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Sangamo BioSciences: A Bet on Gene Editing
12/08/2017 5:00 am EST
In a major event for the field of gene editing, Sangamo BioSciences (SGMO) has dosed the first patient in the CHAMPION study of SB 913 in vivo gene editing therapeutic for MPS II, explains John McCamant, biotech expert and editor The Medical Technology Stock Letter.
The strategy of co-opting the albumin gene locus to make a therapeutic protein is compelling given the low cell transfection required for success and bodes well for data expected in 2018 from the company’s multiple gene editing/therapy programs.
According to the company, "For the first time, a patient has received a therapy intended to precisely edit the DNA of cells directly inside the body."
SB 913 is an in vivo genome editing product candidate that utilizes zinc finger nucleases (ZFNs) to insert a copy of the iduronate 2 sulfatase (IDS) gene into a precise location within the albumin gene locus.
The ZFNs, as well as the corrective gene, are delivered using adeno-associated virus serotype 2/6 (AAV2/6) vectors, and the expression of ZFNs are driven by a liver specific promoter.
The CHAMPIONS study is designed to enroll up to 9 adult males with attenuated MPS II (also known as Hunter syndrome). The first patient was treated at the University of California San Francisco (UCSF) Benioff Children’s Hospital Oakland.
Patient screening is also ongoing at additional clinical sites that specialize in MPS II care, including hospitals in Chapel Hill, Chicago, Minneapolis and Philadelphia.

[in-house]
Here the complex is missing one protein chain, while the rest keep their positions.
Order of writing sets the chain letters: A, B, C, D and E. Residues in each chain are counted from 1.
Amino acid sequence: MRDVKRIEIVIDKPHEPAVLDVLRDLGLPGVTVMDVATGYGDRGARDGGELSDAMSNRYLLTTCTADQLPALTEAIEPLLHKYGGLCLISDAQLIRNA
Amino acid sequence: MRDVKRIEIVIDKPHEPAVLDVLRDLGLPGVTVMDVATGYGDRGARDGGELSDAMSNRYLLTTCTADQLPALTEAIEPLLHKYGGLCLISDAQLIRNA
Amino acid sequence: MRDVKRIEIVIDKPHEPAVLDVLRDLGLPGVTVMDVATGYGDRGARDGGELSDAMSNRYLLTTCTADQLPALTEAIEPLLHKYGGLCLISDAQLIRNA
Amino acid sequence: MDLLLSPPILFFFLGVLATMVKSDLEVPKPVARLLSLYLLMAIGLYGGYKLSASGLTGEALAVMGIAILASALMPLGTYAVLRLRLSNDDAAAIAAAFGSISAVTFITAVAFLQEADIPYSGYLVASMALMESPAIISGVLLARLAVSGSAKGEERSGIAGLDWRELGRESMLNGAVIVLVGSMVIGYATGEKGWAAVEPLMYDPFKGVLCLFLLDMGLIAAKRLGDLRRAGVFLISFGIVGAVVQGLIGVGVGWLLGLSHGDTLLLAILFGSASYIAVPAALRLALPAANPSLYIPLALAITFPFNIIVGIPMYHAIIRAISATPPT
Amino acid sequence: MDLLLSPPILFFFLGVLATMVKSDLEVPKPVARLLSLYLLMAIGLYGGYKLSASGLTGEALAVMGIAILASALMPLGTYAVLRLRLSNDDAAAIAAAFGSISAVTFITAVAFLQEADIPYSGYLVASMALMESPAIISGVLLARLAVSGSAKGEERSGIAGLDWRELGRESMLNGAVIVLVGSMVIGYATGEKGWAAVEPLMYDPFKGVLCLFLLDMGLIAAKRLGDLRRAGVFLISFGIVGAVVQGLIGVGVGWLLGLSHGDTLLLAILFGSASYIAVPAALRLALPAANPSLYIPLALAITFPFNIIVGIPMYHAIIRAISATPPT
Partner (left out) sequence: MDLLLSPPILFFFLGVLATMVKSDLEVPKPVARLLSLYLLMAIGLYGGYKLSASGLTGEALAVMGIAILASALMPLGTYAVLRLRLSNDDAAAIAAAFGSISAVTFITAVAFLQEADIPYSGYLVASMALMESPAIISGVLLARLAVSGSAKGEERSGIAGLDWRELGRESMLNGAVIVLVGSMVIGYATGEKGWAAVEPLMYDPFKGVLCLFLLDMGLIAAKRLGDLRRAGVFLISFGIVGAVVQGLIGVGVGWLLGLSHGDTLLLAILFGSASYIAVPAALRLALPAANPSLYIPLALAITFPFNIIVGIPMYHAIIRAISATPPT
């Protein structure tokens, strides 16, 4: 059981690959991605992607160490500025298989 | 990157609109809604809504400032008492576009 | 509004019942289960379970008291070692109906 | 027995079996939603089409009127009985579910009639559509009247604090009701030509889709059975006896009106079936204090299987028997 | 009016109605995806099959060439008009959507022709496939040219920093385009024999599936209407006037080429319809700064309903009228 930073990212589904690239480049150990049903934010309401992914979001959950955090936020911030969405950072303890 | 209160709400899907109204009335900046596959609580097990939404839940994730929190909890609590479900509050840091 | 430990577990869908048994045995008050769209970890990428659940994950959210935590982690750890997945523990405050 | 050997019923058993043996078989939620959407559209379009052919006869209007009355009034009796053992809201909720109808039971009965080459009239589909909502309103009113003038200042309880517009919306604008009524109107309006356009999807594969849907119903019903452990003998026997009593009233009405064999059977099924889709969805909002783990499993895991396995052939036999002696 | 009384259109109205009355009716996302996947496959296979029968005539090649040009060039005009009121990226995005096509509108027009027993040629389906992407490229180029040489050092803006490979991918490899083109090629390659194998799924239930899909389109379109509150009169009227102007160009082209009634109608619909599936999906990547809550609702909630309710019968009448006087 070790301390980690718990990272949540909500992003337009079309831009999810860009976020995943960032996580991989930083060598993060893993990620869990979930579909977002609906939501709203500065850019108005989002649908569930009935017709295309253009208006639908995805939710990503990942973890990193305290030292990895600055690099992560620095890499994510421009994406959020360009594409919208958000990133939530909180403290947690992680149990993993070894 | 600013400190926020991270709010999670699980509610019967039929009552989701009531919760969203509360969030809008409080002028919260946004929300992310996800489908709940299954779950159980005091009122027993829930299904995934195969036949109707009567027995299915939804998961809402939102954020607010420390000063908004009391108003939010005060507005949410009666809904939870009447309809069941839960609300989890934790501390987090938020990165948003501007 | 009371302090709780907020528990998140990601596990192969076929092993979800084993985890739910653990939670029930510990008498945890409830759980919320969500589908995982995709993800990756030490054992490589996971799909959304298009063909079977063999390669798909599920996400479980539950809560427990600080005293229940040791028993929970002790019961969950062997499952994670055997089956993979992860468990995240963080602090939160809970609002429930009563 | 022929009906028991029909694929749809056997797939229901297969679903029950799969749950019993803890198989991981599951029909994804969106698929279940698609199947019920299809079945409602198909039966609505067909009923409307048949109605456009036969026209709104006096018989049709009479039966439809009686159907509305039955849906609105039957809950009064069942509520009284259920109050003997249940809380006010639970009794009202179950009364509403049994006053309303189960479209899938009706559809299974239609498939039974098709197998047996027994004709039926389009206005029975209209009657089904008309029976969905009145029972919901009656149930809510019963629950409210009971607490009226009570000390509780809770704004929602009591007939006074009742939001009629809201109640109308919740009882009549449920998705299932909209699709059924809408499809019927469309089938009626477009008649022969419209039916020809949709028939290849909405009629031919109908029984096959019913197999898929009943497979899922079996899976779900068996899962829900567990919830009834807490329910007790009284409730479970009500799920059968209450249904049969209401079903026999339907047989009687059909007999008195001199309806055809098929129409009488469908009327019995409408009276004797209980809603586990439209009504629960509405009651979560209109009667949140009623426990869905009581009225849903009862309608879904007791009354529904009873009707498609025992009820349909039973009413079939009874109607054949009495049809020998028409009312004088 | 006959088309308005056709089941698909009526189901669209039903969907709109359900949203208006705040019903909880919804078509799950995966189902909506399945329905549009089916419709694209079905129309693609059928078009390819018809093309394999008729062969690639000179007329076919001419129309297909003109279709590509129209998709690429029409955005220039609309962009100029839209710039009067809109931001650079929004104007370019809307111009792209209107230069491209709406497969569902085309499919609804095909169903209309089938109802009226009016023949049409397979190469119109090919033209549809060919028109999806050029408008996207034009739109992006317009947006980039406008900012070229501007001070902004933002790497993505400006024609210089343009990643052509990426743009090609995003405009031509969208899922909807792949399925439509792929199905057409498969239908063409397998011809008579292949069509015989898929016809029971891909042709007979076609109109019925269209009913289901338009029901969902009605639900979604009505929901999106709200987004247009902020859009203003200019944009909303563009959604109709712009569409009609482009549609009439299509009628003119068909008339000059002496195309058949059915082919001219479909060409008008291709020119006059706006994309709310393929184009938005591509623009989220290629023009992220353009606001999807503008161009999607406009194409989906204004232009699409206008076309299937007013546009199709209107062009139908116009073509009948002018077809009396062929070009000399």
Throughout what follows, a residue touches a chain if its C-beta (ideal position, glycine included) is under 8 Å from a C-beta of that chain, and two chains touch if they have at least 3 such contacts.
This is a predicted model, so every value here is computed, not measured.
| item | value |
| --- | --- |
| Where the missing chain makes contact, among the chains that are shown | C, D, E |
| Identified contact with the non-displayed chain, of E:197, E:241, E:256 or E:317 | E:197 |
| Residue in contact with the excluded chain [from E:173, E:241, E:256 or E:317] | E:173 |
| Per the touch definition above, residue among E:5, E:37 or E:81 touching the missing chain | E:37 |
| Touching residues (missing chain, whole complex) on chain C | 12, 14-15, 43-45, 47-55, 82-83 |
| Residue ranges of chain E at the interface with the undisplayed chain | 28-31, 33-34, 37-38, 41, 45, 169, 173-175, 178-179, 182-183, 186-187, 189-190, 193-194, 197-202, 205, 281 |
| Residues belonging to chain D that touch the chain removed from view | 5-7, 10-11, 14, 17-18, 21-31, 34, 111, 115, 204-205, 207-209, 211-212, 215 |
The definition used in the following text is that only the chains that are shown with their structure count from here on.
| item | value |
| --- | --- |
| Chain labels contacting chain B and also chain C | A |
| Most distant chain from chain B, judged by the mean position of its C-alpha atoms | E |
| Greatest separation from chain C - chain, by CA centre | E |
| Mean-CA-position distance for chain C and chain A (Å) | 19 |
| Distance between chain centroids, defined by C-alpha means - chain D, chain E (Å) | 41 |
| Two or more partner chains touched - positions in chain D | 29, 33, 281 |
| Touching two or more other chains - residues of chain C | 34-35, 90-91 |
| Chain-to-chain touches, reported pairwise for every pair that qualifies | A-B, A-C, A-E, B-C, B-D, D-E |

The current standard of care for MPS II is weekly infusions of enzyme replacement therapy (ERT), and the IDS blood levels quickly return to near undetectable levels within a day of receiving ERT.
The CHAMPIONS study is the first to dose a patient among SGMO’s three in vivo gene editing programs, with the other two programs currently screening patients for enrollment in Phase I studies in hemophilia B and MPS I (also known as Hurler Scheie syndrome), respectively.
Multiple catalysts are still approaching in those programs, as well as the Phase I trial in hemophilia A already underway. Lastly, we expect at least one new corporate collaboration with either the tau protein/Alzheimer’s program and/or the cell editing for immuno-oncology/CAR-T.
One of the reasons, in our view, that SGMO’s valuation lags that of BLUE and ONCE, is that at times both Wall Street and competitors have down played their ZFN platform.
A large part of the negativity is because SGMO’s ZFN patent estate is so solid — others need to develop technologies to get around the exquisiteness of ZFNs. That, we believe, leads to additional reasons for Wall Street to recommend the company leading to further positive share appreciation.
With the new management team now well entrenched, the opportunity to fully maximize SGMO’s value is upon us. SGMO is a buy under 15 with a target price of 20.
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